I posted the story about Major Jim Gant a few days ago. Now, Richard S. Lowry, after speaking with Major Gant, follows up with a piece about celebrity and heroism and American society:
May 9, 2007
Richard S. Lowry
America is caught up in a debate of whether we should bring our troops home or if we should make one last attempt to bring peace and stability to Iraq. Yet, we don’t pay attention to the details of the war. Last weekend, an American hero received one of the Army’s highest honors – a Silver Star. His award was largely unnoticed, overshadowed by Paris Hilton’s incarceration.
Late last year, Major James Gant and his men were returning home to Baghdad after weeks of fighting insurgents. Gant and his advisory team were riding in up-armored HMMWVs. These were not the HMMWVs of Jessica Lynch’s era. These were mini-tanks on tires with bullet proof-glass, blast-proof armor plate and turret mounted machineguns. His men, Iraqi National Police, were riding in soft-skinned trucks.
Al-Qaeda had planned an elaborate running ambush in which they hoped to destroy the unit that had been their nemesis for more than a month. They had prepared three separate ambush sites along a four kilometer stretch of road. Gant and his commandos were forced to run a gauntlet of machinegun fire, mortar attacks and IEDs. The story of Gant’s, fight that day is an amazing tale of heroism, filled with scenes you would expect to see on the silver screen. Gant repeatedly risked his life to save others. The insurgents had planted IEDs hoping that an explosion would force the embattled convoy to stop.
Gant ordered his driver to drive straight for the first IED. As they rolled within twenty feet, the device detonated. Miraculously, Gant’s HMMWV was unscathed. Gant kept the column moving through a vicious gun battle. Another IED lie only five hundred yards ahead. Again, they went after the planted explosive and, again, a thunderous explosion failed to disable Gant’s vehicle. Almost clear of the ambush, Gant noticed a third IED. He continued to push forward, bringing his convoy safely through the torrent of fire. Had Gant hesitated, good men would have died.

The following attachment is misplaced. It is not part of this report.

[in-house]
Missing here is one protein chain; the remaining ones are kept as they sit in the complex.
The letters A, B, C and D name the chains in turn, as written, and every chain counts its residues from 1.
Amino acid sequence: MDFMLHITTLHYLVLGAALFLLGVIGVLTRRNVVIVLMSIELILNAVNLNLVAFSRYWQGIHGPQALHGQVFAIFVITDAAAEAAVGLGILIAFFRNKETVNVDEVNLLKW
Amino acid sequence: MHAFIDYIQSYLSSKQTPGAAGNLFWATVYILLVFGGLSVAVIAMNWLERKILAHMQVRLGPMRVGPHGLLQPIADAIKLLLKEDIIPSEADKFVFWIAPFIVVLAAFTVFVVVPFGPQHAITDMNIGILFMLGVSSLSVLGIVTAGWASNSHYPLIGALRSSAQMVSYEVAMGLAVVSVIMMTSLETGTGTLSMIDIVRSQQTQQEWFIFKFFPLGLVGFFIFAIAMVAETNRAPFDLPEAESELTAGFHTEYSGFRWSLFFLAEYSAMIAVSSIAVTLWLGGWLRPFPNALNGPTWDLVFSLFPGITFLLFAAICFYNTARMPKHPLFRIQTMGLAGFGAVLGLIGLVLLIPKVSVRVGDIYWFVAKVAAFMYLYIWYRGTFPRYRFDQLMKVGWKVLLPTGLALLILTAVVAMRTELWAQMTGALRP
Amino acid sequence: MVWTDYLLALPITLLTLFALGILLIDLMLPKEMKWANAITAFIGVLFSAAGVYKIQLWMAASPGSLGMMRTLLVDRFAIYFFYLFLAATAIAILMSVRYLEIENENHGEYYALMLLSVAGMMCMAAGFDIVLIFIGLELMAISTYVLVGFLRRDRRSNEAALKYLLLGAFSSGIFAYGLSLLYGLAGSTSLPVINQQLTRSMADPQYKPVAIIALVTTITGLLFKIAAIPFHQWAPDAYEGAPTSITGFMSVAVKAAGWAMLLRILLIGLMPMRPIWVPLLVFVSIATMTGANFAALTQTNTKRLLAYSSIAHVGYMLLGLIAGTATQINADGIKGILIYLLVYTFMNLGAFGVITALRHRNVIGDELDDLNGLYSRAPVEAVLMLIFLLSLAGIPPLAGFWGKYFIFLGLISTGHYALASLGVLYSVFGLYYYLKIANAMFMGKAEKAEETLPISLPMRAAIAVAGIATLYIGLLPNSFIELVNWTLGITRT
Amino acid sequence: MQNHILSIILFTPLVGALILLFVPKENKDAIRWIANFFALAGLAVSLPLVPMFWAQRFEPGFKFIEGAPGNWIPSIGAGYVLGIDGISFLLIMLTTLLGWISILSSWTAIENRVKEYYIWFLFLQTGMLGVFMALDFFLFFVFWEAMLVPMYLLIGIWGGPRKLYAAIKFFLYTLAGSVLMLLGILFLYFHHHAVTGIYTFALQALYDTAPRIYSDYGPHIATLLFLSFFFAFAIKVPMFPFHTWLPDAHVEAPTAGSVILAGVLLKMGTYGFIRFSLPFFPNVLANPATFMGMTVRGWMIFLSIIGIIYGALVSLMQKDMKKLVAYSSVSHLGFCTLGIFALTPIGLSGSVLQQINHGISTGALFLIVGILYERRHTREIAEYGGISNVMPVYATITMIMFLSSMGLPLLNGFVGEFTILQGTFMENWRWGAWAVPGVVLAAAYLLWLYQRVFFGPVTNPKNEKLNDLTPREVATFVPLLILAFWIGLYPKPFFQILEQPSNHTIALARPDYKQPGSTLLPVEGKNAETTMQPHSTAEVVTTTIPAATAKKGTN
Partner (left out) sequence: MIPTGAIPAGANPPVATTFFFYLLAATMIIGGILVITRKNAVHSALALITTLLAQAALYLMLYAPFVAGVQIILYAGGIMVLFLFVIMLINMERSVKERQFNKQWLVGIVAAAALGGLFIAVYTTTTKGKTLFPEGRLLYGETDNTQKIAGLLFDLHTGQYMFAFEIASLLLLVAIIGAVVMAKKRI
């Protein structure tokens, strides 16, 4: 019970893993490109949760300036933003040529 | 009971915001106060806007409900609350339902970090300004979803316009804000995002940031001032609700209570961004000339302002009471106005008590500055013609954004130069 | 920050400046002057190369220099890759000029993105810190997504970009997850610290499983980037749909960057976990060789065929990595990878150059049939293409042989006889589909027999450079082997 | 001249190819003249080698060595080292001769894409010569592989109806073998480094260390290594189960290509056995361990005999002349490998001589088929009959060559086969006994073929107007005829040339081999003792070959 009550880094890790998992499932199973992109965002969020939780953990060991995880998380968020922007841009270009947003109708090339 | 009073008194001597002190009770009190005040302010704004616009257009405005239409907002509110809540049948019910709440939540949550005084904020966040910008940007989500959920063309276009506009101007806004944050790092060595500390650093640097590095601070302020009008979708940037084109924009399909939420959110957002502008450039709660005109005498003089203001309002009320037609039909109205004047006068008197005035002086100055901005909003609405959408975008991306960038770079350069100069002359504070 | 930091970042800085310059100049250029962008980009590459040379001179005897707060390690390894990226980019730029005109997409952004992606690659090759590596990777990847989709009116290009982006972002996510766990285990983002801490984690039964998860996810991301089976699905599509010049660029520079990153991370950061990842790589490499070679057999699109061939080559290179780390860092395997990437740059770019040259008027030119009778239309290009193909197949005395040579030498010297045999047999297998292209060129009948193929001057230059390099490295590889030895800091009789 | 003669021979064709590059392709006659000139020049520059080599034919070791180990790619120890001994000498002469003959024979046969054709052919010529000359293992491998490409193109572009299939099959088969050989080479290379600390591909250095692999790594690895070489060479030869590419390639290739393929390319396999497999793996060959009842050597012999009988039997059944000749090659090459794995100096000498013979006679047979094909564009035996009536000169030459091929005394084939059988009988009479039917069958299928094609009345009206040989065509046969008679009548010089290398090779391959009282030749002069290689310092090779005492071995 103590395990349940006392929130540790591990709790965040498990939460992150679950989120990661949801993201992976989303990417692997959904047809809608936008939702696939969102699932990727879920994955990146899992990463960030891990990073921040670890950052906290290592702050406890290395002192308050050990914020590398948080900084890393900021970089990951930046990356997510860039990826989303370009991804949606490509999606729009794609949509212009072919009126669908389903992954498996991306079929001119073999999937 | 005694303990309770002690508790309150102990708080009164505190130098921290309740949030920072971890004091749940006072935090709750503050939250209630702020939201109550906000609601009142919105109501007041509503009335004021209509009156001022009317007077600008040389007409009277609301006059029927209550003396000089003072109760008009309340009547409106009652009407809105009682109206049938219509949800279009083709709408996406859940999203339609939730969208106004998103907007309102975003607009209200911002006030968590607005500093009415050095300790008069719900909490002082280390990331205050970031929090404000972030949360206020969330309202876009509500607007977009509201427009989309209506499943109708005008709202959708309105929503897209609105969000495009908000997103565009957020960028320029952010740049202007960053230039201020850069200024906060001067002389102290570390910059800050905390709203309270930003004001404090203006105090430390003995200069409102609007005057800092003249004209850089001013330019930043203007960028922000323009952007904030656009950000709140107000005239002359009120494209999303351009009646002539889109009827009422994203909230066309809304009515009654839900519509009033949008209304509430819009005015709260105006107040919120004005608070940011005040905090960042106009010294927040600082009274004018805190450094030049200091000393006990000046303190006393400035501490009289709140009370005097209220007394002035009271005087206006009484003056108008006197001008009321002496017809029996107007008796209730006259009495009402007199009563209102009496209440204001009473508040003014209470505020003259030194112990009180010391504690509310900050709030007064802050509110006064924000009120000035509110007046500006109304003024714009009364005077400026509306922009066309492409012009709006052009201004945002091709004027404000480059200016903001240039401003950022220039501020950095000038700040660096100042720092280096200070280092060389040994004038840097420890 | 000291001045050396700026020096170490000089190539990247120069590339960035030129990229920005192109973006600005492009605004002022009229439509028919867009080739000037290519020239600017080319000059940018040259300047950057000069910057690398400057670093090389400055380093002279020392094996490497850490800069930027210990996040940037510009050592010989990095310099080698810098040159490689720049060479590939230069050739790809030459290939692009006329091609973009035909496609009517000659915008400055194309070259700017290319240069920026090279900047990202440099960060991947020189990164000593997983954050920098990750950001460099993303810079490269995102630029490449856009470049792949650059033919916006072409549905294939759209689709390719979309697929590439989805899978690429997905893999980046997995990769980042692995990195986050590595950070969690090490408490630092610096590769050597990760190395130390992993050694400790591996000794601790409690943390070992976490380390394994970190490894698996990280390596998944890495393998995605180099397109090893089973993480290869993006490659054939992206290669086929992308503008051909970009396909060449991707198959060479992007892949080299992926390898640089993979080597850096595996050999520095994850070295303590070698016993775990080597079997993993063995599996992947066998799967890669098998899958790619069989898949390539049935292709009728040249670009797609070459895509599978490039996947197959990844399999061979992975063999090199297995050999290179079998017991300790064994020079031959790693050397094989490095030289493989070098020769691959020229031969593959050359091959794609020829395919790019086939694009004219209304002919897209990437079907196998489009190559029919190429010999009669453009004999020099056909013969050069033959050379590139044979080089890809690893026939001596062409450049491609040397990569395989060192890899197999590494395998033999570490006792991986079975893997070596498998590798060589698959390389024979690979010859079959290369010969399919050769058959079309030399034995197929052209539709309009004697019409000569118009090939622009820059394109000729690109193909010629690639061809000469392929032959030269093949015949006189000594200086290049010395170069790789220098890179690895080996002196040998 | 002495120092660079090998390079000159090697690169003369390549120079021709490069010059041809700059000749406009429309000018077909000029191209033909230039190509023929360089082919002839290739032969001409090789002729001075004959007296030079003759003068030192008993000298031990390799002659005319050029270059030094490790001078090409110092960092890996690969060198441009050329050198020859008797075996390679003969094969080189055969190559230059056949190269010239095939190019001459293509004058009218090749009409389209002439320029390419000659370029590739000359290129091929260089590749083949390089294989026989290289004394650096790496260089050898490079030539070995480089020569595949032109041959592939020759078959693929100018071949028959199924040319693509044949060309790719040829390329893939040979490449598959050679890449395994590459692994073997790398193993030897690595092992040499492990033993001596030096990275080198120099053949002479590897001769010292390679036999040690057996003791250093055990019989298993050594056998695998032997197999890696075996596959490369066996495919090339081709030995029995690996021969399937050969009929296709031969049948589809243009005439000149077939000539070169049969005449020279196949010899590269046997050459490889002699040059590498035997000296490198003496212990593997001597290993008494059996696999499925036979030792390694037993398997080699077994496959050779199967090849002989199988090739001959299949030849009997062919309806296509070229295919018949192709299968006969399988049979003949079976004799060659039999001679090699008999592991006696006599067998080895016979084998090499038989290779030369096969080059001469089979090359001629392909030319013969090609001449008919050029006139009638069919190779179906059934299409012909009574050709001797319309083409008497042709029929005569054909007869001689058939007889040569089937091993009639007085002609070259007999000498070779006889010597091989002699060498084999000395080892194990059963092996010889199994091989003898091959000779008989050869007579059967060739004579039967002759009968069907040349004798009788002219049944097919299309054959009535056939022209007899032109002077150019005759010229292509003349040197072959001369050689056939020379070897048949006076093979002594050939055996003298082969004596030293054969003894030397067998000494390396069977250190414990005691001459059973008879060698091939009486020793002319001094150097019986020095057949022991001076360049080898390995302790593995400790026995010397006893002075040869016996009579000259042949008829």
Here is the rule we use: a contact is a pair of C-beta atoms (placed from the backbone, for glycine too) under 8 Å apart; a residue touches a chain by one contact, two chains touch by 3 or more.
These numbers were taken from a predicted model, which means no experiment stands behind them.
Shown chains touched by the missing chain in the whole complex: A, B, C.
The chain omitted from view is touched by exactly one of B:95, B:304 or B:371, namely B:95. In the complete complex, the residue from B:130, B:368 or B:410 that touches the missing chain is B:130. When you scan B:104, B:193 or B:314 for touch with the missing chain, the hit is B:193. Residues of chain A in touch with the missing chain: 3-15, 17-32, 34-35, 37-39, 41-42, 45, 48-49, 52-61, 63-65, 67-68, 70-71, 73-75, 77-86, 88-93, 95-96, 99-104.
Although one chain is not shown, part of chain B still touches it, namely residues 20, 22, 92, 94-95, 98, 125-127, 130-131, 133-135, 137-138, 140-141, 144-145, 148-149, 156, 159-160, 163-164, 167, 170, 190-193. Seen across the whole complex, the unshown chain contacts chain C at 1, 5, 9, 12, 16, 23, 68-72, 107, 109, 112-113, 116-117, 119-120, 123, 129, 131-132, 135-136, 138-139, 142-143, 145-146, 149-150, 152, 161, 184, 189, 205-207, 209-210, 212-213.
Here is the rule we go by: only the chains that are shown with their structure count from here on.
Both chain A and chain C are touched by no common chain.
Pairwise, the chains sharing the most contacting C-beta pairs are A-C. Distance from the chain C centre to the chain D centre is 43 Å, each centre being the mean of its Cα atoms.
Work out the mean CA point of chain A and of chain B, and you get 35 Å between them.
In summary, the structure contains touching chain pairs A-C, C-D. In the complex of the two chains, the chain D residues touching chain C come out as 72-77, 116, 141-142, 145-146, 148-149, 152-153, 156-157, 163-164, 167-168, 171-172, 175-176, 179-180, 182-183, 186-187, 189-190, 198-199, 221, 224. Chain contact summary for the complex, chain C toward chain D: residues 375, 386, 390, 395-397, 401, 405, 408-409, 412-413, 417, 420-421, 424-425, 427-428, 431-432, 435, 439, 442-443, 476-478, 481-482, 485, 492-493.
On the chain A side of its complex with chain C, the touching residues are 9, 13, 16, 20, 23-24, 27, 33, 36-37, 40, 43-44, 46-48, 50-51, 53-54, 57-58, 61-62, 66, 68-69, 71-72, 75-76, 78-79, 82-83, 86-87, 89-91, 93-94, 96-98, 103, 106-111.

Last weekend, Major Gant spoke at his award ceremony. He has personally made the sacrifice to bring peace and stability to the people of Iraq, and he continues to sacrifice every day. Here is what a soldier, a hero, had to say about our current debate:
The best friend I have ever had is an Iraqi. He is the best man I have ever known. He fought with me on 11 December. He can’t go home after a hard day of work. He can’t see his father or mother or brother. He can’t live any type of normal life because every time he leaves the [Green Zone], people want to kill him. I bet you would not be so fast to want to leave here if you knew him.
If you knew Colonel Dhafer, a great commander and leader, ...one of the best friends I have ever had, if you knew Major Fadil, who pulled me out of a burning [HMMWV]…, if you knew Captain Khais, if you knew Salaam, or Abbas, or Ali; all are brave warriors who fought with incredible courage that day and I would gladly and without hesitation lay my life down for all of them. If you knew them as I do, you would not be so quick to want to leave. If you could see with your own eyes the evil that is perpetrated on innocent men, women and children here on a daily basis, you would not be so quick to call it quits.
Colonel Dhafer, you and brave men like you are the hope and future of your country. I wish I were the hope and future of my country. Because if I were, I would not leave you until this job was done. No matter the sacrifice. No matter the price.
Is it any wonder that so many Americans don’t understand what we are doing in Iraq, when the Main Stream Media does not tell us stories like that of Major James Gant and his Iraqi comrades? How can we understand the Iraqi people when we don’t even know what our sons and daughters are doing to bring peace and stability to the people of Iraq? Iraq is so much more than car bombs and IEDs.
Richard S. Lowry is the award winning author of the best selling book, “Marines in the Garden of Eden,” Berkley, New York, 2006. He is an internationally recognized military historian and author. Richard served in the U.S. Navy Submarine Service from 1967-1975 and spent the time from 1975 to 2002 designing sophisticated integrated circuits for everything from aircraft avionics to home computers. Richard turned to serious writing after 9/11 and published “The Gulf War Chronicles,” iUniverse, New York, in 2002. He is currently working on his next book project. “The Surge” will tell of General Petraeus’ attempt to win the peace in Iraq. For more information on Richard and his work, visit www.marinesinthegardenofeden.com.